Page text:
The farm buildings and land ("Village Farm") have been in the occupation of the Addyman family since before 1924 and continue so to the present day. However, more pieces were sold off in the 1970s. In January 1974 the family sought planning consent for the creation of 5 new dwellings out of the disused farm buildings which extended down the east side of Church Lane and lay opposite to the grounds of the Vicarage (now called "The Old Parsonage"). The planning officer expressed his view that this was "a most important site" and that development should involve "conversion" of the existing buildings rather than entirely new builds and this suggestion was accepted by the applicants who amended their application accordingly. On the 7th March 1974 outline consent was granted subject to agreement on the number of dwellings to be created (the Parish Council had argued for 4 rather than 5 houses). The buildings later created were "South Royd", "Byre Cottage", "The Coppings", "Knottfield" and "Swallow Cottage". Subsequent conveyances are as follows:-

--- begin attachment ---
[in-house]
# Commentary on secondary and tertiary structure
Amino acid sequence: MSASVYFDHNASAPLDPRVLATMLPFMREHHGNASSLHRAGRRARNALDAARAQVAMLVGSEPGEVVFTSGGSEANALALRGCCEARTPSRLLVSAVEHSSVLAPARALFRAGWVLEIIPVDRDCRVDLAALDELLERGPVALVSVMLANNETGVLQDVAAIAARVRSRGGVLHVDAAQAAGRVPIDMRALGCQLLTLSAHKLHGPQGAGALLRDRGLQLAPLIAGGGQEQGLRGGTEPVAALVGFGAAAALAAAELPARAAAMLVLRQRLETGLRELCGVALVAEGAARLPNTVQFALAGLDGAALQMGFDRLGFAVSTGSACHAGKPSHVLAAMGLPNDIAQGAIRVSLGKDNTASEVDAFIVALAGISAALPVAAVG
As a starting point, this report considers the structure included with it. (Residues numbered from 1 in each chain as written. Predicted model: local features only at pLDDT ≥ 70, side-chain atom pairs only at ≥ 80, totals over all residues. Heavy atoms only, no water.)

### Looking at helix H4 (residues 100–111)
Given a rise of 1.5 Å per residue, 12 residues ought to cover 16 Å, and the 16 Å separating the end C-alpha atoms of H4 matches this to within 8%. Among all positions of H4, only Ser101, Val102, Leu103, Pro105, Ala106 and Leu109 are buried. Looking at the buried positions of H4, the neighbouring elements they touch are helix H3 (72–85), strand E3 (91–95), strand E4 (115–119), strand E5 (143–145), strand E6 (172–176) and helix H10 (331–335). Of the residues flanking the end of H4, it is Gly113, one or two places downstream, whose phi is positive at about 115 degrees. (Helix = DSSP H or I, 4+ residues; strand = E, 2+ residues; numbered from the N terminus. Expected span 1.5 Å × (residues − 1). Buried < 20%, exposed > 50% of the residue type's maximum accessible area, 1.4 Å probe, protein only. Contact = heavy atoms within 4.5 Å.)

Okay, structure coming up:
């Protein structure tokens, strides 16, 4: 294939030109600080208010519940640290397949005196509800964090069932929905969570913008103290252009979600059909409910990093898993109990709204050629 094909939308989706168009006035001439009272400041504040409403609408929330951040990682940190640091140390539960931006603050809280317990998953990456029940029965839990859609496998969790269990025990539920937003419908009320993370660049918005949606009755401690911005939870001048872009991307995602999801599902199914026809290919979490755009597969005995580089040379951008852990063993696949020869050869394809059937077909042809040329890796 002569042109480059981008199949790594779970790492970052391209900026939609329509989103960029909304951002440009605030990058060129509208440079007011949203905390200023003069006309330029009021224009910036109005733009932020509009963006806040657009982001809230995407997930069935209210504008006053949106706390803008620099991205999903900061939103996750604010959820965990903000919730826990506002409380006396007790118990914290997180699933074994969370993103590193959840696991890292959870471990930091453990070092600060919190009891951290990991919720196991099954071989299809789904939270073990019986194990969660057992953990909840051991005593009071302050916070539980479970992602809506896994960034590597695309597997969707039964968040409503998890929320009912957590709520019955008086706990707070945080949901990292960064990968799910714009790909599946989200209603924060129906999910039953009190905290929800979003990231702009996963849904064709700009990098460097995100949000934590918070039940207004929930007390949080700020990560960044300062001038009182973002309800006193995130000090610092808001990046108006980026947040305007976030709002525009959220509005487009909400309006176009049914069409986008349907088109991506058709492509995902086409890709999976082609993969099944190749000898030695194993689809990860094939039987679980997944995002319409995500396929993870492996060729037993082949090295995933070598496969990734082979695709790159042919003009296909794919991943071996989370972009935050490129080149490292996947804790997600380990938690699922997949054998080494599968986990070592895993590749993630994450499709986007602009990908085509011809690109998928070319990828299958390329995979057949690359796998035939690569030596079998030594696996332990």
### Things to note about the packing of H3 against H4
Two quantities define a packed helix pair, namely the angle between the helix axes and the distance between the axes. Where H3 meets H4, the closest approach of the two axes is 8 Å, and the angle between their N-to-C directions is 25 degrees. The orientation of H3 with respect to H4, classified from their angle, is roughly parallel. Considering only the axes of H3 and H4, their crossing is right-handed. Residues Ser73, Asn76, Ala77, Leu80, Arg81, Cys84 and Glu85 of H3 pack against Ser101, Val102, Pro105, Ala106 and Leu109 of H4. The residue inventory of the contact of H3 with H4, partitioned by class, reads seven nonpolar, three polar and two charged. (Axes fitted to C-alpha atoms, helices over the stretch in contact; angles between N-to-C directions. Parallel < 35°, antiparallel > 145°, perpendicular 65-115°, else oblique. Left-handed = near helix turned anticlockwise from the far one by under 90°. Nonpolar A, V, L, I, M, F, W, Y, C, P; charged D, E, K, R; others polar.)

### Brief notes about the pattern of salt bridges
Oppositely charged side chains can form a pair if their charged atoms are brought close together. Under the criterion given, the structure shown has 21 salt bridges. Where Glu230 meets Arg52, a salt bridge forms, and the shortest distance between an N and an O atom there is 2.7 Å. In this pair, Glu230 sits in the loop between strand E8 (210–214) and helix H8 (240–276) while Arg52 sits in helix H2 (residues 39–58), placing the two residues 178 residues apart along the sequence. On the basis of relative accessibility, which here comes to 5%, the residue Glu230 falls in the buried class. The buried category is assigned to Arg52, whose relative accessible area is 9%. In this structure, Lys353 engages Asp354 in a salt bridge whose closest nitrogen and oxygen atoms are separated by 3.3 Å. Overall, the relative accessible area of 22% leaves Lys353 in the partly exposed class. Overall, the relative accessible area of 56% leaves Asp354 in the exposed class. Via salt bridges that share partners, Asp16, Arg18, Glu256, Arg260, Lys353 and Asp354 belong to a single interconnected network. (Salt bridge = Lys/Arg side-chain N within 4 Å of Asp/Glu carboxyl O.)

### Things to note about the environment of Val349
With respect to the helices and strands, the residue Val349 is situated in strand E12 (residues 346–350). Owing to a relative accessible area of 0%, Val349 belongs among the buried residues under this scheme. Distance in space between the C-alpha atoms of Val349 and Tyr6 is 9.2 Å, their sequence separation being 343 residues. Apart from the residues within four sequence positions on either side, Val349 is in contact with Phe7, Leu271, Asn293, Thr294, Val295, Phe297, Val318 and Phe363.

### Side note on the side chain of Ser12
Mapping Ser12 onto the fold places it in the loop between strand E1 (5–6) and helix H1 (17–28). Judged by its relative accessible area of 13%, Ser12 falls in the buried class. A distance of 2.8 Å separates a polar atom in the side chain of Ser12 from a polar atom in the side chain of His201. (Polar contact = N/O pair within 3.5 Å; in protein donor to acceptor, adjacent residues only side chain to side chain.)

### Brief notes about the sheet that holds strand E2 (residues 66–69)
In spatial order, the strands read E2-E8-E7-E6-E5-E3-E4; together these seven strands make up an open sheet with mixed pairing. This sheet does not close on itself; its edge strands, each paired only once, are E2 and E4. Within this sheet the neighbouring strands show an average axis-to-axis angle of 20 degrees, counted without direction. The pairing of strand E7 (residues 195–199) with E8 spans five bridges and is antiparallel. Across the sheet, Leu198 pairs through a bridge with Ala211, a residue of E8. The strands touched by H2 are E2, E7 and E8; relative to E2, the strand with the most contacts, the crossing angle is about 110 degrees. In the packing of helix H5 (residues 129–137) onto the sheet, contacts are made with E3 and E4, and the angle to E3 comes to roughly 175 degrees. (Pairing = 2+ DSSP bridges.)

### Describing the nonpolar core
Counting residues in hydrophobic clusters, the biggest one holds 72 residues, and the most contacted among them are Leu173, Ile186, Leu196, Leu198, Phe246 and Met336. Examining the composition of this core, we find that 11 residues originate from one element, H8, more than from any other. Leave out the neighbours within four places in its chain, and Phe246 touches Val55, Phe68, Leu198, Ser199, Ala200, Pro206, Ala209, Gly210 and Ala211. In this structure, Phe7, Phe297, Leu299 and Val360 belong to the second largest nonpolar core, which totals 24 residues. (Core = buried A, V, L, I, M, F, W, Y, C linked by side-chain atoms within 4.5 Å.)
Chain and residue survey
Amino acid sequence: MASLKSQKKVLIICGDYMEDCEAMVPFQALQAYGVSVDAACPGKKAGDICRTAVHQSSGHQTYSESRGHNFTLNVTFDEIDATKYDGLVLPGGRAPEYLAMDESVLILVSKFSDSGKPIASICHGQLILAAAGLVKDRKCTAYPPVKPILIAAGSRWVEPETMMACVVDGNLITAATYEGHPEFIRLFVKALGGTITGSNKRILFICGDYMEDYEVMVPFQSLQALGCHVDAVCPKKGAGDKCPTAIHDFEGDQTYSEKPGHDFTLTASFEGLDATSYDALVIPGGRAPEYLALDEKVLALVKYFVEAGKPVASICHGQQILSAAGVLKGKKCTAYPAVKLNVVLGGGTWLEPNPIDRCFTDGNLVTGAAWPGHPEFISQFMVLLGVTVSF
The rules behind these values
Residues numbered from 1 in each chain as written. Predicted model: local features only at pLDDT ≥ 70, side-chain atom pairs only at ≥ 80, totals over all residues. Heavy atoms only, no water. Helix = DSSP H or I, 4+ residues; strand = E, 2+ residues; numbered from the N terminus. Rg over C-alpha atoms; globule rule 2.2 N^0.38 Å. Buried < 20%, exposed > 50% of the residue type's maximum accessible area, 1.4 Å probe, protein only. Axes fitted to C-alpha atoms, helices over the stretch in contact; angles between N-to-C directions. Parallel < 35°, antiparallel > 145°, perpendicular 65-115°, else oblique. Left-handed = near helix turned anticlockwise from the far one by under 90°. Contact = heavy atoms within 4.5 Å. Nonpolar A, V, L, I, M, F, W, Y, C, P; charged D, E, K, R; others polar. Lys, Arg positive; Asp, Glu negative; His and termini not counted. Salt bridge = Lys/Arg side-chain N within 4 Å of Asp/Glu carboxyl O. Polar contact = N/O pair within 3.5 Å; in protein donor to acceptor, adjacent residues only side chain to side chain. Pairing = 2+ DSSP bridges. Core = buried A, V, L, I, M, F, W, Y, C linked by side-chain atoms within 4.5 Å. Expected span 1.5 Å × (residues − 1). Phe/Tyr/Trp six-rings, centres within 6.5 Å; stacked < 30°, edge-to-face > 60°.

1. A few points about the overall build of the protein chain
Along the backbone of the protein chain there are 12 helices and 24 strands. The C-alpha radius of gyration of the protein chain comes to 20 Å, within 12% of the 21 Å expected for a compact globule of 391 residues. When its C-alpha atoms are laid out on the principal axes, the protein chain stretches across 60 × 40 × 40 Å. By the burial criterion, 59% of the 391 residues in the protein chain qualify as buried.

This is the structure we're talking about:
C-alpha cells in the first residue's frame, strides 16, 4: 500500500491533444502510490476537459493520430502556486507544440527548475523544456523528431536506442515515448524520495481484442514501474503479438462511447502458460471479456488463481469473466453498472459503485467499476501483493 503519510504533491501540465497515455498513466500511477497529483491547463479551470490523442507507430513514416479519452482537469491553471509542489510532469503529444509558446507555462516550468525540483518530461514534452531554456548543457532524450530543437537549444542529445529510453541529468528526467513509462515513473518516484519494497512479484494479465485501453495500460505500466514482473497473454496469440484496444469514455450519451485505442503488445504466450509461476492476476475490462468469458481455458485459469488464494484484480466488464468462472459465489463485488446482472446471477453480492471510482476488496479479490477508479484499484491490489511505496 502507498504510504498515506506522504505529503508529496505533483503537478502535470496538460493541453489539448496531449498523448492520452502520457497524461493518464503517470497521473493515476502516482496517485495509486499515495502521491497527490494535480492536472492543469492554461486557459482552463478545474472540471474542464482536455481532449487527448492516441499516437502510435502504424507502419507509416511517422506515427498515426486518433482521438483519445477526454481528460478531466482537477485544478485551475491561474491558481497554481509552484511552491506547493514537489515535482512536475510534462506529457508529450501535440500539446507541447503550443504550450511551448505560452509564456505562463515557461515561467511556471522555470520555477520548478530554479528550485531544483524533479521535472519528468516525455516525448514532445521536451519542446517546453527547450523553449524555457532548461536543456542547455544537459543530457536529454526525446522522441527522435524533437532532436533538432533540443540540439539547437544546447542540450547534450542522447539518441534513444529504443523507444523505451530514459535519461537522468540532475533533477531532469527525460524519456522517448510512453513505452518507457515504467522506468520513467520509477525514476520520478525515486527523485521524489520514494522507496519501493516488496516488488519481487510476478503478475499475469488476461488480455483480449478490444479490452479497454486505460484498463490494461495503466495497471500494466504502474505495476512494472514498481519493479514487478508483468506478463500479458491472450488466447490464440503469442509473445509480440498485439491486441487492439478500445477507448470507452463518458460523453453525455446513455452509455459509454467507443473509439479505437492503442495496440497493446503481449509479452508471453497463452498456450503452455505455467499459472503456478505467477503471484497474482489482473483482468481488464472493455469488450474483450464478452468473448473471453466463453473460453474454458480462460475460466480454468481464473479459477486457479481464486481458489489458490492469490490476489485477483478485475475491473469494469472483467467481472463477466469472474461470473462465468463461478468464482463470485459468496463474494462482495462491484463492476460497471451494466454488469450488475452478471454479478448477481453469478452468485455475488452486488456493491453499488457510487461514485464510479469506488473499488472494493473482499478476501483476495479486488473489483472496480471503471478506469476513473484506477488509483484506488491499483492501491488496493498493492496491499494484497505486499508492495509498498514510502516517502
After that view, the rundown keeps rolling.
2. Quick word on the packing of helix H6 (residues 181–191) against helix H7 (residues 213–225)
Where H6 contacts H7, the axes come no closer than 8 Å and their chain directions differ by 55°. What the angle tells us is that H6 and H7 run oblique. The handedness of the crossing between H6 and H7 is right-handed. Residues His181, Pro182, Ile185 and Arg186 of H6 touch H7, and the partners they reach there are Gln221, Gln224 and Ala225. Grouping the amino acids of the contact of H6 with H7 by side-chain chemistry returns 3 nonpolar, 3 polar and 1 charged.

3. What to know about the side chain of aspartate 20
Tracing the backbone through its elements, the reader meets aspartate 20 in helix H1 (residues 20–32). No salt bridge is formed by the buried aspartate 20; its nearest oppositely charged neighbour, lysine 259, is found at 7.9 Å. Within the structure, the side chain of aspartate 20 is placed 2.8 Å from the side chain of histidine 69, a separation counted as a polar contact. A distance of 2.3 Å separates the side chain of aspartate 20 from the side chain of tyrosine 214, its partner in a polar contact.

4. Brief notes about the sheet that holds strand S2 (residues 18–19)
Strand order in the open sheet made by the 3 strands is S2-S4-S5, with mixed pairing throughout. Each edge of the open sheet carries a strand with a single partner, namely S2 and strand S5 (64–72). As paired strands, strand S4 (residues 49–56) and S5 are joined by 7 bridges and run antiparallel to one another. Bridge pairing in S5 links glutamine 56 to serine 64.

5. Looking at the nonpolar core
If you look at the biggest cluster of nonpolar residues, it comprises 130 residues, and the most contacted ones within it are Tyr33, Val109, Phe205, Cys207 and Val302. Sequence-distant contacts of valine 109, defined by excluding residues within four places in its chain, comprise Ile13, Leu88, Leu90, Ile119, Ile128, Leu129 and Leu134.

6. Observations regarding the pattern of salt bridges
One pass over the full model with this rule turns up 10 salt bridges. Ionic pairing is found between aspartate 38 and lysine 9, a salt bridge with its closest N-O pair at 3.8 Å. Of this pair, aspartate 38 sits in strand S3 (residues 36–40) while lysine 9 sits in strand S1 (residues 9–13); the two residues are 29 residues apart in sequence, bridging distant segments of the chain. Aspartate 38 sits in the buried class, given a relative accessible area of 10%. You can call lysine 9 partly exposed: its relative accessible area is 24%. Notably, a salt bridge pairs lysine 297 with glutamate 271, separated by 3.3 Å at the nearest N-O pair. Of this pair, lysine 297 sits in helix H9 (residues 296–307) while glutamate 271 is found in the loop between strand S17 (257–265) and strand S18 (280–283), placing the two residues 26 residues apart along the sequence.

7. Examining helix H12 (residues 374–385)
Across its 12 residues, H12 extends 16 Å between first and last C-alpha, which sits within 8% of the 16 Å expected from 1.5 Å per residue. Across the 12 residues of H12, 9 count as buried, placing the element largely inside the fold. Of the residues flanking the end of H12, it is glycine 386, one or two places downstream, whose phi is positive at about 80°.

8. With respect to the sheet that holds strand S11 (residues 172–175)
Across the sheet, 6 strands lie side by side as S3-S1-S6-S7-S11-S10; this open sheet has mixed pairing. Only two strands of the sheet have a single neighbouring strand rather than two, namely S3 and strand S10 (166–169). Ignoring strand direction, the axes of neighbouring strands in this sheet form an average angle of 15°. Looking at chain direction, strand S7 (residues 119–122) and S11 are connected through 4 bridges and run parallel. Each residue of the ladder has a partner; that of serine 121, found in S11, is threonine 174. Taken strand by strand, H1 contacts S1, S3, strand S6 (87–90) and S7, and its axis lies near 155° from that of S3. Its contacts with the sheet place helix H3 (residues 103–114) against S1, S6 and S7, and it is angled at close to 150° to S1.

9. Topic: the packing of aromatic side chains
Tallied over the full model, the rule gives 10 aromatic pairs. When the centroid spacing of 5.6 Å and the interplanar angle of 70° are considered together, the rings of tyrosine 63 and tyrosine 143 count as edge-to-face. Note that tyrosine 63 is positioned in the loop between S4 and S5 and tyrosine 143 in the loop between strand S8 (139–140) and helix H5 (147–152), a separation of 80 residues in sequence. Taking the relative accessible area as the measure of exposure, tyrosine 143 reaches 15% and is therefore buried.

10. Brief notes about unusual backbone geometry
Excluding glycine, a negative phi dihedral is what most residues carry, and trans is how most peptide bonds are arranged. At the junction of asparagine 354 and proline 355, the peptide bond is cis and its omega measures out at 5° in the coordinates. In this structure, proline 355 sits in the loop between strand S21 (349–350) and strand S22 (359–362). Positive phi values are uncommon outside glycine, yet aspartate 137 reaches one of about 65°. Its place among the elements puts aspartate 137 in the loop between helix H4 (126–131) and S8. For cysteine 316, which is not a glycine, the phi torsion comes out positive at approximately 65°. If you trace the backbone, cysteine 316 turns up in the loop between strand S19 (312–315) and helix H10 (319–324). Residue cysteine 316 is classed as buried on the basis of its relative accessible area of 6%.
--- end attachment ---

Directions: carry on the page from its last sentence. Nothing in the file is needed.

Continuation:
Temperance Hotel20.8.1957Mr & Mrs Aulton to Grace Evelyn Whalley
 31.8.1962Mrs Whalley to Brian Brittain Pugh
 6.1 1970Mr Pugh to Edgar and Hilda Mary Dunford

The recording of property transactions at the West Riding Deeds Registry ceased in 1972 but

Lamb Cottage14.8.1957Mr & Mrs Aulton to Hugh McGovern
South Royd1.5.1981G.Hewson Ltd. to Jack and Barbara Slater
 30.11.2007Mr & Mrs Slater to Richard and Penny Louden
Coppings23.10.78G.Hewson Ltd to Betty Haddersley Pugh
Knottfield?G.Hewson Ltd to Mrs A,M.Averdieck
Ownership of properties on the East side of Church Lane

Despite the existence of records at the West Riding Deeds Registry, it is difficult to trace the ownership of properties back beyond the 20th century. The use of plans was not common in earlier days and title deeds often describe properties by reference to their then occupants and the owners or occupants of adjacent plots. People living in the vicinity at the time such property was described in a deed may well have understood what was being described but later generations do not often have the necessary local knowledge to interpret the deeds.